Peri- and premenopausal women may be more at risk for cognitive impairment than postmenopausal women as a result of adjuvant chemotherapy for breast cancer, according to preliminary data presented at the American Psychosocial Oncology Society (APOS) Third Annual Conference (abstract P3-5).
AMELIA ISLAND, FloridaPeri- and premenopausal women may be more at risk for cognitive impairment than postmenopausal women as a result of adjuvant chemotherapy for breast cancer, according to preliminary data presented at the American Psychosocial Oncology Society (APOS) Third Annual Conference (abstract P3-5). The finding may help identify a susceptible population to target with intervention, said Tara J. Patton, MSPH, research specialist at the Arizona Health Sciences Center, Tucson.
"Many breast cancer patients say they have less ability to remember things after chemotherapy. We know estrogen is important for cognition, and one of the consequences of chemotherapy can be a premature menopause. We wanted to determine if menopausal status could affect results of memory tests among breast cancer patients who had received adjuvant chemotherapy," Ms. Patton said.
In their study of 41 breast cancer survivors, funded by the Susan G. Komen Breast Cancer Foundation, Ms. Patton and her colleague Kris L. Kaemingk compared women who were premenopausal at diagnosis with those who were perimenopausal and postmenopausal regarding memory and working memory. All patients had completed chemotherapy at least 1-year prior to the evaluation. The tests given were the the Wechsler Memory Scale-Third Edition (WMS-III) Logical Memory, Rey Auditory Learning Verbal Test (RAVLT), and Wechsler Adult Intelligence Scale-Third Edition (WAIS-III). Memory was also assessed with the WMS-III Logical Memory Ideas Recalled and RAVLT Delayed Recall. The WAIS-III WMI (Working Memory Index) was used to assess working memory. Participants also completed a medical interview that included questions about their menopausal status at diagnosis. Most (24) were postmenopausal, 11 were premenopausal, and 6 were perimenopausal.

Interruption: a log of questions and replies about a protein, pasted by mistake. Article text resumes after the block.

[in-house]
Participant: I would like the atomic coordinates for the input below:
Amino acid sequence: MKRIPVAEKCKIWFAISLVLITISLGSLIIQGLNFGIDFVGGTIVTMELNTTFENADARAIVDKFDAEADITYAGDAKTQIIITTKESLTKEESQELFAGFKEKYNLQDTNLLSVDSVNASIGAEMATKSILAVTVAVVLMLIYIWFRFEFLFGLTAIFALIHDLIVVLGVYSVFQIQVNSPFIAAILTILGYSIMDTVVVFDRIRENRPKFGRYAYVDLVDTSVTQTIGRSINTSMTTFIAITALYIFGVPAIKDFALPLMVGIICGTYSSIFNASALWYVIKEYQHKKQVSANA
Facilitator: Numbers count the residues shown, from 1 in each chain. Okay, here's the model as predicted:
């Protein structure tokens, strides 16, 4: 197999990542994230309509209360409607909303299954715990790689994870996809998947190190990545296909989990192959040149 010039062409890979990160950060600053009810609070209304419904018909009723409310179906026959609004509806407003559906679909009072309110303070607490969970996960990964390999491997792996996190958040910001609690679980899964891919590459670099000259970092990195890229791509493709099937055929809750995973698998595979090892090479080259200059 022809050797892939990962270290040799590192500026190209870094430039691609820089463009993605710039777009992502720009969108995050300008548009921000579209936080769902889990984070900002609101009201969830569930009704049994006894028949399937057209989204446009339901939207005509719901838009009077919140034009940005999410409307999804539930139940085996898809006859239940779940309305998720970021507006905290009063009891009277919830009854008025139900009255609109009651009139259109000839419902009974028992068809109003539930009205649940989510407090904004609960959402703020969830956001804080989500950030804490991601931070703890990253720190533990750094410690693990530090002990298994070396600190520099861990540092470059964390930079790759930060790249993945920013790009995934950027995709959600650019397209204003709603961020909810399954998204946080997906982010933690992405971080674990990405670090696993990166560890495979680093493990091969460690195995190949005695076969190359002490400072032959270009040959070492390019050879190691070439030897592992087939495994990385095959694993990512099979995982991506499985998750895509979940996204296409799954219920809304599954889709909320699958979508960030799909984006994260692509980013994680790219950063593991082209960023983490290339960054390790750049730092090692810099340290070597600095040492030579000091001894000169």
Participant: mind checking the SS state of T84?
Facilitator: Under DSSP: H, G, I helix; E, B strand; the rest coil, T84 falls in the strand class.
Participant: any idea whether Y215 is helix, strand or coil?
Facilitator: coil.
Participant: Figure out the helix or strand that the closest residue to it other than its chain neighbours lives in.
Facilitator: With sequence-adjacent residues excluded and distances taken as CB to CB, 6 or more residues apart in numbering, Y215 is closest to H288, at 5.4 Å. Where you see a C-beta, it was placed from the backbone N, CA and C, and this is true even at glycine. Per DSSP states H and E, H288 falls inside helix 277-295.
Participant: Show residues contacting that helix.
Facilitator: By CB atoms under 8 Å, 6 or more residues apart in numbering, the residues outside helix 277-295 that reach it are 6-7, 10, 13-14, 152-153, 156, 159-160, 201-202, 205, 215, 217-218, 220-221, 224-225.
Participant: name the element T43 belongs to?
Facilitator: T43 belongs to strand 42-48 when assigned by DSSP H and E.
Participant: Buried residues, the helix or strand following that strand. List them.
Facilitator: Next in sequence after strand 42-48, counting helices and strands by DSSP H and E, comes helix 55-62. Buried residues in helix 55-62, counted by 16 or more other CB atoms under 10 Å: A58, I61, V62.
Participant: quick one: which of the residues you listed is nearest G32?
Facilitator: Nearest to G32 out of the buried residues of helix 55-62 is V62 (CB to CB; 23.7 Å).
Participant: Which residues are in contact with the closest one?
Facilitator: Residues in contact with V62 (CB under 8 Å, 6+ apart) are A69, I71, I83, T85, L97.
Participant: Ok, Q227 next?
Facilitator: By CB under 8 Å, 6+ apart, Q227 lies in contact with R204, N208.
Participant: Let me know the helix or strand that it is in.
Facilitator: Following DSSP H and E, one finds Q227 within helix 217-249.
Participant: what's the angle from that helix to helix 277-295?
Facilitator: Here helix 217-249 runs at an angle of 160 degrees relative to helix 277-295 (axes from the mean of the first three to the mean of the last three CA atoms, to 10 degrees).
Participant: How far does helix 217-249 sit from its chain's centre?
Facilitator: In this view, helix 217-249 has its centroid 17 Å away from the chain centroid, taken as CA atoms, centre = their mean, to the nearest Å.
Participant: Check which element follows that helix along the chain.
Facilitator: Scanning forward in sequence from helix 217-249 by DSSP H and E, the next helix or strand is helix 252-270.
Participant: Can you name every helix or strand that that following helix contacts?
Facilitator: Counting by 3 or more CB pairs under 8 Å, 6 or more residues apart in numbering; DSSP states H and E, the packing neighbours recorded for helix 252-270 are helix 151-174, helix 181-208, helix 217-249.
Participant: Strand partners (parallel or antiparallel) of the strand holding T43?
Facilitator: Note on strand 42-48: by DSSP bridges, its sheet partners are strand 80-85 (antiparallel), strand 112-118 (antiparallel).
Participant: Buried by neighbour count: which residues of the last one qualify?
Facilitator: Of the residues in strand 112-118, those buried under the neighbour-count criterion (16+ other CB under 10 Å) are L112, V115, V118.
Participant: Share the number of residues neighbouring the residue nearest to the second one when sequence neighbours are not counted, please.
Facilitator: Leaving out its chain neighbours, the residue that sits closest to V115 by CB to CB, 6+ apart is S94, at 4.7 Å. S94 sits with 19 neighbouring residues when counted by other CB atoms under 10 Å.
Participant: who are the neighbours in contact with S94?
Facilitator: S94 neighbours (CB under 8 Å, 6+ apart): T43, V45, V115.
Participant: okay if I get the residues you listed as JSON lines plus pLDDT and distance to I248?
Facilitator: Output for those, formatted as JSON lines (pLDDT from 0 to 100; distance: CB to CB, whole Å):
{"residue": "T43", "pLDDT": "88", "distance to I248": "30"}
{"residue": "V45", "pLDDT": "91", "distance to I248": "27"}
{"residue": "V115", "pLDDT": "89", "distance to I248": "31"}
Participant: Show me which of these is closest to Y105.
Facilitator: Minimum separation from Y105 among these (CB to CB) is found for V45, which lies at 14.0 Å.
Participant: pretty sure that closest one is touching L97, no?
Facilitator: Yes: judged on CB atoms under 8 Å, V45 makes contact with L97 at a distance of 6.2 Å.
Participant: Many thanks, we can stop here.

Overall, the women who were diagnosed postmenopausally performed the best on all the memory measures. The perimenopausal women performed the worst, and premenopausal women performed intermediately (see Table).
"We were a little surprised that the perimenopausal women tended to do worse. However, this is a preliminary finding, and there were only 6 women in that group. Also, most women don't really know if they are perimenopausal. Some may have been premenopausal, but because they were put into menopause suddenly by chemotherapy, they guessed they were perimenopausal," she said.
Her research in this area is continuing, with the development of an attention intervention targeted specifically at peri- and premenopausal women.